Balché

From Wikipedia, the free encyclopedia
Jump to: navigation, search

Balché is a mildly intoxicating beverage common among ancient and indigenous cultures in areas of what are now Mexico and upper Central America. Today, the drink is still common among the Yucatec Maya, and is made from the bark of a leguminous tree (Lonchocarpus violaceus), which is soaked in honey and water, and fermented. A closely related beverage, made from honey produced from the nectar of a species of morning glory (Turbina corymbosa), was called xtabentún.

Manufacturing[edit]

Balché is a kind of mead, an intoxicating beverage consumed by the ancient Maya and by some of their descendants today. These people make the drink in a trough or a canoe, which they fill with water and honey, adding chunks of bark and roots from the balché tree. The mixture begins to ferment immediately. It results in an inebriating drink the people consume during rituals and believe to have magic powers.


The peoples of Mesoamerica have long held the balché tree and their mysterious beverage sacred. Because the drink had strong religious significance to the Maya, the Spaniards banned the beverage in an attempt to convert them to Christianity. The ban was observed until a Maya named Chi convinced the Spaniards that balché had important health benefits and that many Maya were dying as a result of the prohibition. The Spaniards then lifted their ban, and balché rituals resumed. . . .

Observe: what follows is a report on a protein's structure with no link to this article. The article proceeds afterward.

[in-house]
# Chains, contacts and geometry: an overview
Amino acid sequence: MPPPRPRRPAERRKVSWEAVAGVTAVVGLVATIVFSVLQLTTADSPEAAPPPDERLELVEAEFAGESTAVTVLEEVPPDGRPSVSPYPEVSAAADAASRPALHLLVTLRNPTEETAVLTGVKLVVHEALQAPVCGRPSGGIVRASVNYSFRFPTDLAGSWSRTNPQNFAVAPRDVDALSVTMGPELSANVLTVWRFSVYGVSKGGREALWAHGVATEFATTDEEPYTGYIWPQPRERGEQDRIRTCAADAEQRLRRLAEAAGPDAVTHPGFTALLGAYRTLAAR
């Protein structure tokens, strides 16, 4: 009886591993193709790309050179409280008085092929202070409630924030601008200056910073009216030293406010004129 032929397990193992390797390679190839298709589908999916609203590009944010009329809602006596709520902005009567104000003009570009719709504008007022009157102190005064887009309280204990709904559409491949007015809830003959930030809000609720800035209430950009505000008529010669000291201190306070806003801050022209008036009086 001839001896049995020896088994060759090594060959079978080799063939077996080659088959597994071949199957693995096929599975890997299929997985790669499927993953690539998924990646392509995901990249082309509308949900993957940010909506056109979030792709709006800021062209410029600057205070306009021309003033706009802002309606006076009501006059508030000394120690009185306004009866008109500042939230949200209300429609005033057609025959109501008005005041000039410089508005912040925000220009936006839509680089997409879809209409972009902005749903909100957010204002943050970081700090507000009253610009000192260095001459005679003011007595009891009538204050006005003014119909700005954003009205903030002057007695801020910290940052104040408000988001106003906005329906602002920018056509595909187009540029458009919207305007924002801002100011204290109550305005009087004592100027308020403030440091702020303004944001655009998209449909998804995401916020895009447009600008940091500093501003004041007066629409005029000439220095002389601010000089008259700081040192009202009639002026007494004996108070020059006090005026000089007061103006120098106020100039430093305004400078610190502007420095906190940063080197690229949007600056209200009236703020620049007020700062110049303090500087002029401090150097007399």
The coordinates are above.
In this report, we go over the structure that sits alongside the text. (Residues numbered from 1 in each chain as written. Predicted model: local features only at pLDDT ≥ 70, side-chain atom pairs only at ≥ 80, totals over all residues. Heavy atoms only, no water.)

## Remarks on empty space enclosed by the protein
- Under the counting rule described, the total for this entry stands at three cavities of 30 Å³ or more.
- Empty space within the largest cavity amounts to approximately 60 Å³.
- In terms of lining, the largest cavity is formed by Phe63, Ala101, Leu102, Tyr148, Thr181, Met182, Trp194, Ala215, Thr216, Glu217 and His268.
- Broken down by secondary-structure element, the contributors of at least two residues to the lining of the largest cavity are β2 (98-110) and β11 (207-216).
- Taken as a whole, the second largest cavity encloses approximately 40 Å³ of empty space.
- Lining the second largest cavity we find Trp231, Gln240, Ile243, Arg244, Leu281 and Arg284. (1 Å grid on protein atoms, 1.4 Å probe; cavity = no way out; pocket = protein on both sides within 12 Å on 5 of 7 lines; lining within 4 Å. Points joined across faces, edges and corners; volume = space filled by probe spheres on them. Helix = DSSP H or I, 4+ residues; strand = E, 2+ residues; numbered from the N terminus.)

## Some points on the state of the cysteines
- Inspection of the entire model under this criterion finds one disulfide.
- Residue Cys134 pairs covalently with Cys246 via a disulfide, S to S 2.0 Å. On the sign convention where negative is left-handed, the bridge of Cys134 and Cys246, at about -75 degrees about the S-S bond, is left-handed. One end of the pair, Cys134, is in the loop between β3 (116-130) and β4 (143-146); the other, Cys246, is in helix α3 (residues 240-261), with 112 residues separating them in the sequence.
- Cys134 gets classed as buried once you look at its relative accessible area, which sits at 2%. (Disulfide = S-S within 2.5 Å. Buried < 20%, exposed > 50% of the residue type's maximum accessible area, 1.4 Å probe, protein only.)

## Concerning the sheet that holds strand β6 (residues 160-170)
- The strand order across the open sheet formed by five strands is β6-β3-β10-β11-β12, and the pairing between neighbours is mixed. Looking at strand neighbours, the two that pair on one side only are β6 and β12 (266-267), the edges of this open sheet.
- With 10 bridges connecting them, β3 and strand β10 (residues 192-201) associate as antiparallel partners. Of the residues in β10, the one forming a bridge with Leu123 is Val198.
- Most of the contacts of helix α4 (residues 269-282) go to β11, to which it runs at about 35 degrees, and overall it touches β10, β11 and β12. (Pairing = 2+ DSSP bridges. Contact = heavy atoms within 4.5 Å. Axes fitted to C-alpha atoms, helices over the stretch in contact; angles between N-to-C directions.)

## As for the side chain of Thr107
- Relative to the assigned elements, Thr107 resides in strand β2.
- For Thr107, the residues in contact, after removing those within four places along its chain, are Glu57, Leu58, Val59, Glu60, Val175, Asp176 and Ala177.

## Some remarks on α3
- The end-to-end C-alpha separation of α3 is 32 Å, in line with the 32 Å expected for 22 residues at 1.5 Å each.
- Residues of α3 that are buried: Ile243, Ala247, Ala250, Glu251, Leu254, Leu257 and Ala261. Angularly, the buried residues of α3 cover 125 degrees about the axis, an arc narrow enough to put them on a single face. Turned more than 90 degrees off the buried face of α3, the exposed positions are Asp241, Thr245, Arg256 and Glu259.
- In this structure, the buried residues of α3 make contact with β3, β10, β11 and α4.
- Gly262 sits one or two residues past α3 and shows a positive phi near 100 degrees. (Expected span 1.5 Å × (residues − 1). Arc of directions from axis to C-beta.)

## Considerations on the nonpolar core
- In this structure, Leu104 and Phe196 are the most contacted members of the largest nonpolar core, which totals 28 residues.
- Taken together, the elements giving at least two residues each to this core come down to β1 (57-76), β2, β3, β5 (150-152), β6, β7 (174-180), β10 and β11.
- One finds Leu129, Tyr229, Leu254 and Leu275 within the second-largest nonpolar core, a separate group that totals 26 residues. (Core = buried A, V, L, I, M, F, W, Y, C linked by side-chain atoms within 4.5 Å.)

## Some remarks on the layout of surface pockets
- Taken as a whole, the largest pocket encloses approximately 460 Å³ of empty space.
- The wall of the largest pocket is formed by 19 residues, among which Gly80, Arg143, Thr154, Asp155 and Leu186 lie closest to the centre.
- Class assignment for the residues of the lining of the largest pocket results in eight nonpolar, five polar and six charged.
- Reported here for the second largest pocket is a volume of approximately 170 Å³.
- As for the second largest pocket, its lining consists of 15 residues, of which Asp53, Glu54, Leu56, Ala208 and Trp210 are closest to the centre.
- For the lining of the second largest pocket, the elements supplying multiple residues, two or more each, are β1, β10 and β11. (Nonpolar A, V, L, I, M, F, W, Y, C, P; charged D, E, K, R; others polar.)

The Lacandon. . . believe that the gods gave balché rituals to them, and that because the gods themselves first became inebriated by the beverage, the people from then on had a duty to imitate the inebriation of the gods and to experience that same exhilaration. The Lacandon chant incantations while preparing the balché. . . First, the brewer offers his drink to the gods; then, later, the people partake of it, usually just before dawn. The Lacandon call the balché brewer "Lord of the Balché" and they identify him with Bohr or Bol, the god of inebriation.

Nectar and Ambrosia: An Encyclopedia of Food in World Mythology, Tamra Andrews 2000, ISBN 1-57607-036-0

From Katz's book:[1] 'Ancient Mayan ceremonies involved a honey fermented called balché, which they used in enema form to maximize its inebriating effect. Perhaps because of this unfamiliar mode of consumption, their conquerors saw the devil lurking in balché, in order to "turn into snakes and worms that gnawed at the souls of the Maya." It was banned in the name of Christendom.'

See also[edit]

References[edit]

  1. ^ Wild Fermentation, 2006. Ellix Katz.